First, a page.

In a series of blogs, Ed Drewitt freelance naturalist, broadcaster and wildlife detective takes us through the St Lucia Birding experience, which believe it or not starts with the ride from the airport to Anse Chastanet Resort
Lead Photo: Grey Kingbird
By: Ed Drewitt
When travelling, the anticipation of what birds you might see when you arrive see is always exciting. Booking a window seat on the left-hand side of the aircraft you are likely to have stunning views of the lush green west coast of St Lucia, as the plane travels past Pigeon Island National Park, Castries and the Pitons, adjacent to Anse Chastanet.
Wildlife spotting begins even before you have left the airport! As the aircraft touches down Cattle Egrets might be slowly parading through the grassland on the edge of the airfield in search of insects and frogs.
Male Carib Grackle Displaying, Credit: Ed Drewitt
As you head out of departures into the hot, steamy air, look out for medium-size purple-black (males) and sandy-brown (females) birds – these are Carib Grackles. They are usually in small loose groups on nearby grassland, overhead wires or lamp posts and through the villages of Laborie, Piaye, La Fargue and Choiseul, along the way to Anse Chastanet. As you head along the southern perimeter of the airport, look for Eared Doves on the ground or fences. And if you see any cattle, Cattle Egrets will be amongst their hooves, looking for insects.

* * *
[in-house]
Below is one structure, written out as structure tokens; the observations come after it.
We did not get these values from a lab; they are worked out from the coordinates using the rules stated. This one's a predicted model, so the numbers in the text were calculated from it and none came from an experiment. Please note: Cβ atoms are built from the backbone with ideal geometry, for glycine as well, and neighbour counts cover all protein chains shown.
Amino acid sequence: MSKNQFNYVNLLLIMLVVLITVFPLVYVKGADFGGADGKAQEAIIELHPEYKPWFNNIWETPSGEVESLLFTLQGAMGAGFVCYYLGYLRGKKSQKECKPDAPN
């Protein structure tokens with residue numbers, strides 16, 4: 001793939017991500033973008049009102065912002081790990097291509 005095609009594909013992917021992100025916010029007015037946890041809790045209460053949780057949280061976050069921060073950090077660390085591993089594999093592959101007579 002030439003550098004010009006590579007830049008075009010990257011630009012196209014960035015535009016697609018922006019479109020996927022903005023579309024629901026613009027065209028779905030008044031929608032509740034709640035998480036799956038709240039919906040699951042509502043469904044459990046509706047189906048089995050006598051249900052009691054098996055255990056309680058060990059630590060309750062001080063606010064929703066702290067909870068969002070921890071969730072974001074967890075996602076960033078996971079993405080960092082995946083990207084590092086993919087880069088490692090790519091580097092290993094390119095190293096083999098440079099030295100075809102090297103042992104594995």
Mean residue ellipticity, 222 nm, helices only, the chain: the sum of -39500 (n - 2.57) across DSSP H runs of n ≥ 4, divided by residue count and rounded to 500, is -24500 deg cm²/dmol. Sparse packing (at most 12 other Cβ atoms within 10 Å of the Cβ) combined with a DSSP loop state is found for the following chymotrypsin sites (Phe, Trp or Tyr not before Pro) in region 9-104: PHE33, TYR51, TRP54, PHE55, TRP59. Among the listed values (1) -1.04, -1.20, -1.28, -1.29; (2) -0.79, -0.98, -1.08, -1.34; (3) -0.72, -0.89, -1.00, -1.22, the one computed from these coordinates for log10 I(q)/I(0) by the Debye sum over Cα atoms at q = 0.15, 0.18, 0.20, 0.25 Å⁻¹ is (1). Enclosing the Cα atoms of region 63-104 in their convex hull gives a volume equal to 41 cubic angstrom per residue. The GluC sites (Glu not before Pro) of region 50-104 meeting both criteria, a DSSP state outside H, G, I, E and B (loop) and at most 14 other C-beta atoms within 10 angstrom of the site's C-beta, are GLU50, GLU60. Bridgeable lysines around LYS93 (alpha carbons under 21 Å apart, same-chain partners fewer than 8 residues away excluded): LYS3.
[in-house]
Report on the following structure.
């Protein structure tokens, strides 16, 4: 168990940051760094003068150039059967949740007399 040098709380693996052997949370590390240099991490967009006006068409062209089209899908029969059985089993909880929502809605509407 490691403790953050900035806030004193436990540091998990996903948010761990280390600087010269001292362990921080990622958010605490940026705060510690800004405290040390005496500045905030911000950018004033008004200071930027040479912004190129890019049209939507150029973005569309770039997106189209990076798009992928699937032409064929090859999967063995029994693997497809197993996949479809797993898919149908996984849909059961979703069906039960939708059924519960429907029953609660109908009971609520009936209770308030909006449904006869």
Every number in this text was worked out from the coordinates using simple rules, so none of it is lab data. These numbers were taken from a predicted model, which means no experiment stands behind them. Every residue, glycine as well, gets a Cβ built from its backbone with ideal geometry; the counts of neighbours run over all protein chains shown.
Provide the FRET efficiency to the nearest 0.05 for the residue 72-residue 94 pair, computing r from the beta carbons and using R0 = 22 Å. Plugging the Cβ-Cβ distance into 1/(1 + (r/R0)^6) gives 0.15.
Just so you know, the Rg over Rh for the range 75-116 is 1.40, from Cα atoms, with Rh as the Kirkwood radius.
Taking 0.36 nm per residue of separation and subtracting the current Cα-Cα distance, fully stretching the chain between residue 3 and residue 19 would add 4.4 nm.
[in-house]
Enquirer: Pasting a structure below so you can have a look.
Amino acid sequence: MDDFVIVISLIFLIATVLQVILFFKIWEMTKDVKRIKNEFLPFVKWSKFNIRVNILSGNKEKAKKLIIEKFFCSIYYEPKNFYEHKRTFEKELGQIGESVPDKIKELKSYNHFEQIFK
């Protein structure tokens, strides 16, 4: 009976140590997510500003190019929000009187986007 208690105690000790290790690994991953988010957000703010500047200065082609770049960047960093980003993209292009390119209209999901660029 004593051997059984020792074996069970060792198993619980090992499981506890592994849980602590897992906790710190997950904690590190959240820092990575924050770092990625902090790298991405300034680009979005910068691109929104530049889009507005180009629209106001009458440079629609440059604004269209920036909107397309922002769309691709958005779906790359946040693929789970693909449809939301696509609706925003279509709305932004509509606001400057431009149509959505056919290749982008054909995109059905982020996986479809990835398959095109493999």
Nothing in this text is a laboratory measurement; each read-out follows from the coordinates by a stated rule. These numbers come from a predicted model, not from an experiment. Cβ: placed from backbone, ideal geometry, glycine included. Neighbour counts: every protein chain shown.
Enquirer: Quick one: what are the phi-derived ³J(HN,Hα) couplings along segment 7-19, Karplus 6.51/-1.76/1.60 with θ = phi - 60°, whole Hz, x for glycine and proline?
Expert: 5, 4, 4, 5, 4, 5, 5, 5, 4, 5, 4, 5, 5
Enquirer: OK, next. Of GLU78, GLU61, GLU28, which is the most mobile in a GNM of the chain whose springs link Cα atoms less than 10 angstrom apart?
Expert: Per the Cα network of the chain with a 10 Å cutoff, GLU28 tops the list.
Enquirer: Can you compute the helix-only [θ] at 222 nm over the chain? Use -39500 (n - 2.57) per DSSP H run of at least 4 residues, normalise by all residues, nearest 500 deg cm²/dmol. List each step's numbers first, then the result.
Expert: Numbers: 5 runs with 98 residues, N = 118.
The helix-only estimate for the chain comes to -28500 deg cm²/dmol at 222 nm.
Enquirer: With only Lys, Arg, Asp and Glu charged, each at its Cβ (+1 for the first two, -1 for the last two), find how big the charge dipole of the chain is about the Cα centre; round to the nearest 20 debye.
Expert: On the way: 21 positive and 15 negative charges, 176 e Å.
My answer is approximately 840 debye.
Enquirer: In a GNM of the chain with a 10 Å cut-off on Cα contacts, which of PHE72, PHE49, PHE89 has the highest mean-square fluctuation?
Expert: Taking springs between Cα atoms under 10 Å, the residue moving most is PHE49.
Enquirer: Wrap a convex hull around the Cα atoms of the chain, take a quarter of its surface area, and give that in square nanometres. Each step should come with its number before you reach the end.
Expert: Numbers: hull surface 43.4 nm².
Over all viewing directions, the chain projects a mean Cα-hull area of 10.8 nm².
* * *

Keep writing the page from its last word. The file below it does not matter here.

The power lines are excellent places for bromeliads, plants that grow on the branches of trees, with a small root system for clinging on. They are part of the pineapple family and their succulent long upward pointing leaves overlap at the base, forming a bowl where they collect water. Ideal if you are stuck on a branch or electricity cable!
Keep your eyes peeled for two birds perched on the power lines – the Grey Kingbird and the American Kestrel. The Grey Kingbird is white bellied with a grey back and a thick, dark band across its eye. They love perching on the wires and flying out to catch a beetle or dragonfly, before returning to their perch. The kestrel meanwhile is a little larger and longer-bodied than the kingbird, with a short round head, longer tail and pointed wings. The kestrel perches on the wires and posts looking out for lizards, large insects and spiders.
As you pass through Soufriere watch out for street stalls of fresh, colorful vegetables and fruit. As you drive along the closer to the sea (along Bridge Street) Ospreys, Magnificent Frigatebirds and Laughing Gulls may be soaring over the bay while egrets and small herons feed by the river before it enters the sea near the cemetery. Next stop is Anse Chastanet!
In the next blog, Ed will describe the birdlife to look for when you arrive at Anse Chastanet.
Ed Drewitt is a freelance naturalist, broadcaster and wildlife detective
Learn More About Bird Watching at Anse Chastanet here